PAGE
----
Neal Keny-Guyer could tell you what it feels like to go fly-fishing in Kamchatka. He could express the lasting impact of his trip to the Thai-Cambodian border at the height of conflict in 1980, or what it feels like in Beirut after a car bomb explodes in the middle of an otherwise pleasant afternoon.
Kevin Zielinski’s eyes light up as he names the apple varieties he tends at his Willamette Valley orchard, just outside of Salem. Champagne Rienette. Douce Moën. Muscadet de Lense. St. Martine. The sinuous vowels and soft consonants even sound delicious. Eventually, they become fluid when Zielinski transforms these French heirloom apples into a traditional sparkling hard cider that leaves many searching for words.
In a darkened photographer’s studio on Portland’s Eastbank, Lucas Threefoot is jumping so high, his torso nearly clears a tall backdrop. That athletic artistry is also vaulting his career as a ballet dancer known for his classic and contemporary hybrid style. “I’m riding a wave right now,” Threefoot smiles. “A good wave.”
We sent photographer Aubrie LeGault out to Heppner and highways 207 and 74 to capture what we thought might make an interesting photo subject—grain elevators. She stunned us with this beautiful tribute to farmers in the Blue Mountain Valley. Her photos represent a heightened attention to detail and a love affair with the subject. Here we created an online gallery for Aubrie’s excellent photos.
In the colorful landscape of Oregon’s film industry, a place connected with such names as Gus Van Sant and Carrie Brownstein, Martin Vavra struggles for recognition. Portland-based Vavra does film and video production through his company, Galaxy Sailor Productions, which came to life after the 40-year-old lost his middle school science teaching job in 2008.
The plan for Jesse Lange was already in the soil of tiny Dundee when he moved there as a 9-year-old. It wasn’t preordained determinism. Oregon’s wine industry back then couldn’t yet be called much of an industry. The soil was new to the noses in the wine world, and most clear thinkers were clearly skeptical of its potential. Oregon wine was what Californian wine-growers considered to be the hooch of a few hippies who had lost the points on their compass, errant souls swept up in a northerly trade wind.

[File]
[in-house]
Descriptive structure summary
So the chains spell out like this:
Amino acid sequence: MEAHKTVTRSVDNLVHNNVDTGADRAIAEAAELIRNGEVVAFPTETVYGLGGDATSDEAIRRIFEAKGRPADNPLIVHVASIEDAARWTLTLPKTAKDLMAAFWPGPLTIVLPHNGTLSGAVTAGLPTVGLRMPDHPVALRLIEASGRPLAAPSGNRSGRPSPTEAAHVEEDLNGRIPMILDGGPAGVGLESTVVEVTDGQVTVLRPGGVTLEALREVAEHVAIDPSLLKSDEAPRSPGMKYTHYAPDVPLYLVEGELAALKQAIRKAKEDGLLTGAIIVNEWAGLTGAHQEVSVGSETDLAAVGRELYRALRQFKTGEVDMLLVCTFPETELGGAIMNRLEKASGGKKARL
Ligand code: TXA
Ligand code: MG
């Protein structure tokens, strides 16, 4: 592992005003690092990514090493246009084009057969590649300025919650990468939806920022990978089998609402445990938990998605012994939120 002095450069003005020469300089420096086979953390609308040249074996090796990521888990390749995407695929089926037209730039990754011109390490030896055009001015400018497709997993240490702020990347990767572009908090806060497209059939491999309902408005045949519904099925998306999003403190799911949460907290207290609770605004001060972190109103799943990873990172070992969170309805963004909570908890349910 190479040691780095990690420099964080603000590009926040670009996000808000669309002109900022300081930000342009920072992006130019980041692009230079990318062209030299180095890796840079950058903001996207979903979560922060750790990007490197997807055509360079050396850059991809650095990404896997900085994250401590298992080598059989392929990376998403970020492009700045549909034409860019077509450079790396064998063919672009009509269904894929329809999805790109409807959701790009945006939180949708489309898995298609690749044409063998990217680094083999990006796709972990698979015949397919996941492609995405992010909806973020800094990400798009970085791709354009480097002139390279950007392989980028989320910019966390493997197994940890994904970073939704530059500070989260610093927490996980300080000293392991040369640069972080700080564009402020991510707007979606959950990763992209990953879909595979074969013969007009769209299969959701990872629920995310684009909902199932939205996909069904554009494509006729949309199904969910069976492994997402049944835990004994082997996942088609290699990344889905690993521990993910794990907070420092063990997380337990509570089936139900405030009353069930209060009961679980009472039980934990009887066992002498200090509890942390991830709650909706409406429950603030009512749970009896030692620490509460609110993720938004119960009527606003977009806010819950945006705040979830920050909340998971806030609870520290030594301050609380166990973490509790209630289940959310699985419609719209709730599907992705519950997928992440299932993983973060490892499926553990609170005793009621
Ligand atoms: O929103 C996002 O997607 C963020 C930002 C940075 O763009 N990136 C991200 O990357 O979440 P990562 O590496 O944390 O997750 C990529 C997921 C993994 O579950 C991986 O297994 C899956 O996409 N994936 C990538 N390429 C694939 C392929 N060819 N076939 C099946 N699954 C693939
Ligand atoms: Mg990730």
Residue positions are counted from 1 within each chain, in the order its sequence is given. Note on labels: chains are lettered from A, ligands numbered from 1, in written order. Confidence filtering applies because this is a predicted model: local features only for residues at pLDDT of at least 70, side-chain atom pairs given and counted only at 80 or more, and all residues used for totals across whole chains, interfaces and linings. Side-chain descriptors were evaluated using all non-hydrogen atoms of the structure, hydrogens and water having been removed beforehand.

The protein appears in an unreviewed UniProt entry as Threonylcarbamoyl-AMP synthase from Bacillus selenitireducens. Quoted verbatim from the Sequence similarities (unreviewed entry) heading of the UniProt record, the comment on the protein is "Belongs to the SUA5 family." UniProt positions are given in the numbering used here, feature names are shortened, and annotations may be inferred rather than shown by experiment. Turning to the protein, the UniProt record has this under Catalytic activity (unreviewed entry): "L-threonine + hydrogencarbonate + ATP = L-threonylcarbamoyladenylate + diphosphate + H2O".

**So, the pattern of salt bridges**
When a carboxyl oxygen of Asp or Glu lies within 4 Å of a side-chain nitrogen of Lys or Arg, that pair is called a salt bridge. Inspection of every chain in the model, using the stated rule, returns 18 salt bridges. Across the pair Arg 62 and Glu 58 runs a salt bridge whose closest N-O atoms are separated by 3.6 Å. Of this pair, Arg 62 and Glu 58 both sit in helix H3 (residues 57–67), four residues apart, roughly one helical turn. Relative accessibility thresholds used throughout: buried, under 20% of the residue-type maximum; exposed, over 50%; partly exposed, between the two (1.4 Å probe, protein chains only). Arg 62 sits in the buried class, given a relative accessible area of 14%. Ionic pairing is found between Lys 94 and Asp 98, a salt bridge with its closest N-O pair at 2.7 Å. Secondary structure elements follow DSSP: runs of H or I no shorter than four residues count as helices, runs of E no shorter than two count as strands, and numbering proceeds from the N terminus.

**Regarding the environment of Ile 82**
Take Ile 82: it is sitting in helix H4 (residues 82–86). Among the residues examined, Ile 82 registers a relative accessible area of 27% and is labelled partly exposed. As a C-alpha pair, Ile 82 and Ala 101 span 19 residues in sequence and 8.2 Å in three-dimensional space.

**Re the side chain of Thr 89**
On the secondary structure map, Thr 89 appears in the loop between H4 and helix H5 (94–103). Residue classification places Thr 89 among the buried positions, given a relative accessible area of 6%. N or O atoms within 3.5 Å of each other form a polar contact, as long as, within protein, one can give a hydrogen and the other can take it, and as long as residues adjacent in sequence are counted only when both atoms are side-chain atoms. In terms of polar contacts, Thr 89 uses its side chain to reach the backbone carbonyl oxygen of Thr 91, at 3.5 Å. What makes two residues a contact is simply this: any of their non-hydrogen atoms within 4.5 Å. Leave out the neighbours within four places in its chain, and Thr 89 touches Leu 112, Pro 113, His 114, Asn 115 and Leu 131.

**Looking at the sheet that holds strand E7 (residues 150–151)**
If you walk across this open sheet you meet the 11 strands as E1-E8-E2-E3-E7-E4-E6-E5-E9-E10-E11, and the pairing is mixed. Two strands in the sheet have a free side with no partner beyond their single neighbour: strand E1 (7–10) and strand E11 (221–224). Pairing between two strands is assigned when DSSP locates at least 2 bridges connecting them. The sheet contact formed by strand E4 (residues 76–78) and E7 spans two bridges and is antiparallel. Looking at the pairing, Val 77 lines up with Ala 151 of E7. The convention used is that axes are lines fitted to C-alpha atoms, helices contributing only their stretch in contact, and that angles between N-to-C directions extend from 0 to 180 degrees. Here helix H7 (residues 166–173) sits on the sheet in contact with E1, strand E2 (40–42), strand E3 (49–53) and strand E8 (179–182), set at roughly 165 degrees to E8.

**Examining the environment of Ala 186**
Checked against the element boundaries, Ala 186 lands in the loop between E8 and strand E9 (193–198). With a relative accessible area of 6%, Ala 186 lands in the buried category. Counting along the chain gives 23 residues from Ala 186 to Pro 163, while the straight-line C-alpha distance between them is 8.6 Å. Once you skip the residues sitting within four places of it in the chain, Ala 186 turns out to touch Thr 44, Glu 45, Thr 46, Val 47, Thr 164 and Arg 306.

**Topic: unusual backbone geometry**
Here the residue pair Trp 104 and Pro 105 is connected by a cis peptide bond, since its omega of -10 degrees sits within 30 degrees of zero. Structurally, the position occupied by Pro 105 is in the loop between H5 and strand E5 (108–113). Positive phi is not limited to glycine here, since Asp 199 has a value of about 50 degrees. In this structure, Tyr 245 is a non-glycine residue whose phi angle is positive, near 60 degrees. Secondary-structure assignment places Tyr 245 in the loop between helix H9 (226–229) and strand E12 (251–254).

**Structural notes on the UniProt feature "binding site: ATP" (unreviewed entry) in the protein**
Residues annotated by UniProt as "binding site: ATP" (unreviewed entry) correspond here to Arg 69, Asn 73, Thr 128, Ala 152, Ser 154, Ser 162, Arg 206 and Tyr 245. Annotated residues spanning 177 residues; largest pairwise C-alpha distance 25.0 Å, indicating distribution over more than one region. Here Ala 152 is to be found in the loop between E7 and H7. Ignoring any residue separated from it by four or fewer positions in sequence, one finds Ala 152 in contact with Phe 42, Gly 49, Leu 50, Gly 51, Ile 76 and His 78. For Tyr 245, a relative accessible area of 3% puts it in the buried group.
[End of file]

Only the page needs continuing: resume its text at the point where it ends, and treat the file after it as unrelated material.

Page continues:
Wei Wang sat down in his lab at Oregon State University with an inkjet printer and an interesting question. Why can’t solar cells be made simply by printing them with an inkjet printer filled with a solution of solar-transmitting compound? His answer was the subject of a four-page research paper published in the industry journal Solar Energy Materials & Solar Cells and the focus of an article from the BBC. The 28-year-old Ph.D. candidate from Shanxi Province, China had discovered an easy process for making solar cells with a printer, a substrate and a combination of metal salts called CIGS. Wang’s discovery could revolutionize the solar industry as a cheap and environmentally friendly alternative to the traditional siliconbased solar cell, and, as a by-product, bring inkjets back into the avant garde.